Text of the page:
Published: Nov. 28, 2023

Shubham Sapkota, researcher at the Renée Crown Wellness Institute, to share insights into and lessons from the Mindful Campus Program

A mindful campus is a healthier campus, experts at the Renée Crown Wellness Institute at the University of Colorado Boulder contend. One of them will make that case in a public presentation next week.

Shubham Sapkota, a research associate at Crown, will give a talk titled “Be mindful through the Mindful Campus Program,” on Tuesday, Dec. 5 at 2 p.m. via Zoom. The event is free and open to everyone, but registration is required at this link.

Sapkota’s presentation will give an overview of the work done by the Renée Crown Wellness Institute at CU Boulder, specifically on Crown's Mindful Campus Program. The event is sponsored by Be Well, the College of Arts and Sciences' wellness initiative, and is part of its regular Let’s CU Well series of programs.

Shubham Sapkota

Shubham Sapkota, a research associate in the Renée Crown Wellness Institute, will give a talk titled “Be mindful through the Mindful Campus Program” on Tuesday, Dec. 5 at 2 p.m. via Zoom.

Sapkota, a native of Kathmandu, Nepal, earned a doctorate in religion and theology through the Joint Doctoral Program in the University of Denver and the Iliff School of Theology. His PhD work focused on how to bring Buddhist meditation practices and principles in the spheres of academics, pedagogy and community engagement.

The Mindful Campus Program includes an eight-week series in mindfulness launched at CU Boulder in 2021 to support the well-being of students and was designed, in part, by students themselves. As experts at Crown have emphasized, the program is not just geared toward students; they are involved in its creation.

This approach “allows the voices of young people to be central and guiding within the research process,” Sona Dimidjian, director of the Renée Crown Wellness Institute and a professor of psychology and neuroscience, said last year.

The program is now implemented across CU Boulder and continues to seek participants to go through a mindfulness journey that complements life at CU.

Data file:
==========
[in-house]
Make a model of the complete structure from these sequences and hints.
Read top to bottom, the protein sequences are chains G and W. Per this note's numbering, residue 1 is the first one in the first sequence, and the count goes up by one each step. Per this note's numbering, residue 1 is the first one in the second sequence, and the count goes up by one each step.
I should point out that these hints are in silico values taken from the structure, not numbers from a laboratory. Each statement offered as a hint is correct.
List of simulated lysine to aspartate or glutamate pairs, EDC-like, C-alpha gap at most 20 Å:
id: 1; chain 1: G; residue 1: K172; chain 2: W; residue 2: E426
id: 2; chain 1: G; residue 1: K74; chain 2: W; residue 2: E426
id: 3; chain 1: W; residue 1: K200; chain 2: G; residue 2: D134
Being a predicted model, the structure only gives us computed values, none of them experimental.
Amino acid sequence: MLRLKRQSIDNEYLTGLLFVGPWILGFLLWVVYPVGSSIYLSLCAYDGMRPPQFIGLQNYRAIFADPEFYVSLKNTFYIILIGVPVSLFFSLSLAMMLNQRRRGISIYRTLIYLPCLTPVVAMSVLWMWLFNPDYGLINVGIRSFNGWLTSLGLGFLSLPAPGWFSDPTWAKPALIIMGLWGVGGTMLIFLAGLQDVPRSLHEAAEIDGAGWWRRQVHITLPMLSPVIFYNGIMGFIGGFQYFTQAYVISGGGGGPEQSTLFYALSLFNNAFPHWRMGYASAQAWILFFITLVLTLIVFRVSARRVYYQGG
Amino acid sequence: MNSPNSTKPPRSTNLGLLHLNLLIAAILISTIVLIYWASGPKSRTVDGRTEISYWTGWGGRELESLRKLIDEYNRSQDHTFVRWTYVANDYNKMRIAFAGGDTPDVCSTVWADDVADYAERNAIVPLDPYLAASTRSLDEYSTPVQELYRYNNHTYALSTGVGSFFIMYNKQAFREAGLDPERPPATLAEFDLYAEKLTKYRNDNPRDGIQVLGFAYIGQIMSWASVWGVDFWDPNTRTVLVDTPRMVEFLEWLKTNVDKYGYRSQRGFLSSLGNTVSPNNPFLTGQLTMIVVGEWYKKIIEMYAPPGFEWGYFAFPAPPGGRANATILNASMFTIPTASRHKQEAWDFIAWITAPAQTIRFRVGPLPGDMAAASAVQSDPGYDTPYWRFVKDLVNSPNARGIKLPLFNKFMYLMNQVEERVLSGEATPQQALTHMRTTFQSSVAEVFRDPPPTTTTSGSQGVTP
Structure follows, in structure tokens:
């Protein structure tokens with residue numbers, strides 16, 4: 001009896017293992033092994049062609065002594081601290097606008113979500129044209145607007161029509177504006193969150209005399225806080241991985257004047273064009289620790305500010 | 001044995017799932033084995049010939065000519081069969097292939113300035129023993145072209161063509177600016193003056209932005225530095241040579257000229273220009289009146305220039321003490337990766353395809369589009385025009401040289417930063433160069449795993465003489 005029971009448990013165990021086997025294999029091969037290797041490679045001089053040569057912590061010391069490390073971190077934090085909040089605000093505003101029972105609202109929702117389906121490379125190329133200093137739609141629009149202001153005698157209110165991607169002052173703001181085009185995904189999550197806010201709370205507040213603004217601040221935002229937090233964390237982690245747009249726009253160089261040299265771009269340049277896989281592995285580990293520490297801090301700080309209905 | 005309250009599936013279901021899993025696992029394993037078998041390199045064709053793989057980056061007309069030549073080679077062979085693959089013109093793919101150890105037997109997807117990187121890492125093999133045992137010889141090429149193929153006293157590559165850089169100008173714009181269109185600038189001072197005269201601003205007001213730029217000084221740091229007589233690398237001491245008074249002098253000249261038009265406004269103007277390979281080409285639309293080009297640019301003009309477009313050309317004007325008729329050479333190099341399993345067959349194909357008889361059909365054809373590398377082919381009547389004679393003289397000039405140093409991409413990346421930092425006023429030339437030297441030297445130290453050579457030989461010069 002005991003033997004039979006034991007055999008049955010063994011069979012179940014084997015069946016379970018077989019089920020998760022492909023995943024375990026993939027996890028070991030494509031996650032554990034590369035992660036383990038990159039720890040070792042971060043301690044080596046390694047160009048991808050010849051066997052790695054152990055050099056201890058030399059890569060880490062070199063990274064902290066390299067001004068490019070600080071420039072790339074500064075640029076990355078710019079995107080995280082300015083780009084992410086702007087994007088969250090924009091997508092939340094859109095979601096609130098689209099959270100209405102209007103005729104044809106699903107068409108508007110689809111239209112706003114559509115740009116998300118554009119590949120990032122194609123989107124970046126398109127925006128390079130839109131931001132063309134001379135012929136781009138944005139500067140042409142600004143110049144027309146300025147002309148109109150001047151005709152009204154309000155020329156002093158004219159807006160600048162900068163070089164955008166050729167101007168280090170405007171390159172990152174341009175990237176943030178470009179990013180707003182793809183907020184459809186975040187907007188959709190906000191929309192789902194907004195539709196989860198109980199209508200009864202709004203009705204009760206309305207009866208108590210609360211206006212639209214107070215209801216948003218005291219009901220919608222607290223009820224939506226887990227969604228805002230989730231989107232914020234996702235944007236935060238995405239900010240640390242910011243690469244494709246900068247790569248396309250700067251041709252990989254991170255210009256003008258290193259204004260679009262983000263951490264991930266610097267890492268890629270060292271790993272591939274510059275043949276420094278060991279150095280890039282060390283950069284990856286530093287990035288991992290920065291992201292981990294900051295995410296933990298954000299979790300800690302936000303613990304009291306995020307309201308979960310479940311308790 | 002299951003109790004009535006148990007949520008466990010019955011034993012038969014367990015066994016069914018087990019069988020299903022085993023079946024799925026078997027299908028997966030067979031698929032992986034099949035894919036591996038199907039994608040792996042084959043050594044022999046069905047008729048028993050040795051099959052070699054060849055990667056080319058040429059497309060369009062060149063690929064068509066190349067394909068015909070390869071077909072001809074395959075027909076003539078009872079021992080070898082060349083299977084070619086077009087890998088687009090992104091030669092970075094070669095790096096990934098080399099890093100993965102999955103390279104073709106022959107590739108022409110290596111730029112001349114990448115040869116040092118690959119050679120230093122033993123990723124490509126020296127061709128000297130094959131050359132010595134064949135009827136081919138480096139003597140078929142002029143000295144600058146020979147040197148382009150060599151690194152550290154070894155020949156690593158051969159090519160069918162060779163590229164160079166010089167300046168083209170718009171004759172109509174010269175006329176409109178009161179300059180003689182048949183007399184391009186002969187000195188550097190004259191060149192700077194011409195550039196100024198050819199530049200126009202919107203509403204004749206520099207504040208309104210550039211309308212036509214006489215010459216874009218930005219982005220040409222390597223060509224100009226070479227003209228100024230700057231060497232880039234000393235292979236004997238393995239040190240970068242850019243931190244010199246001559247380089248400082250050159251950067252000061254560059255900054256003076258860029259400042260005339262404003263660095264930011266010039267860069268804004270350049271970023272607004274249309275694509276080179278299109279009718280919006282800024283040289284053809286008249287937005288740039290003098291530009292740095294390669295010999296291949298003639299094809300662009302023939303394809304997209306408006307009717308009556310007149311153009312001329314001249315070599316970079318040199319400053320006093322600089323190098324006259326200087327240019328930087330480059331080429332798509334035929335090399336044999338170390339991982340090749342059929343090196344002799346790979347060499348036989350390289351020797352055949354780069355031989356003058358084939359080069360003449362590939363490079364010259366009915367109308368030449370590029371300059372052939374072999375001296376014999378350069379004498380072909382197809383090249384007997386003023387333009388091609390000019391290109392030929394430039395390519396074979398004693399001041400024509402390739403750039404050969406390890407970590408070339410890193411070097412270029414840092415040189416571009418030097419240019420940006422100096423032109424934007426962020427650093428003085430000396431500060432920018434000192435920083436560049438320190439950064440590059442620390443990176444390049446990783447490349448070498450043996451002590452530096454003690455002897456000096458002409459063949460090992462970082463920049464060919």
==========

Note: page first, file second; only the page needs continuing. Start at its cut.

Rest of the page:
Crown is an interdisciplinary institute that focuses on youth education, with mindfulness as a crucial tool that, the institute says, “enables holistic learning and wellbeing” for the university community. Leaders at CU Boulder and beyond have argued that the effort is of critical importance.

Philip Distefano, CU Boulder chancellor, states that mental health is a growing concern: “Mental health and wellness are increasingly a critical topic in K-12 classrooms and college campuses across the country. It's imperative that we collectively create solutions to promote wellness. The Renée Crown Wellness Institute will conduct groundbreaking research relevant to wellness, starting as early as possible in development and continuing through college.”

If you go
Who: Shubham Sapkota, research associate, Renée Crown Wellness Institute

What: Be Mindful through the Mindful Campus Program

When: Tuesday, Dec. 5, 2 p.m.

Where: Zoom–This online workshop is available to CU students, employees and community members. Please register here.

Why: To support a culture of care and wellness

Rob Anderson, superintendent of the Boulder Valley School District, has heralded the Crown Institute’s work. “We have no doubt that the breakthrough developed at Crown will have a profound impact on the community we all have the honor to serve.”

Mindful Campus has gained traction just as many sources of data suggest that such initiatives are sorely needed. Recent research finds that anxiety and depression among students have risen steadily during the last eight years, and students of color have experienced the steepest increase.

Researchers from Boston University analyzed surveys of 350,000 students from more than 300 campuses between 2013 and 2021. Their meta-study, like other smaller studies, found students’ rates of depression and anxiety had more than doubled in eight years, rising by 135% and 110% respectively.

Additionally, research published by the Centers for Disease Control and Prevention found that mental-health challenges are worse among high school students who perceived racism. The study concluded that understanding “how negative health outcomes are associated with student experiences of racism can guide training for staff and students to promote cultural awareness and anti-racist and inclusivity interventions, which are critical for promoting safe school environments for all students.”

Meanwhile, students’ demand for psychological counseling has far outstripped the availability of resources. These are national trends, but officials note that they are reflected among CU Boulder students, too.

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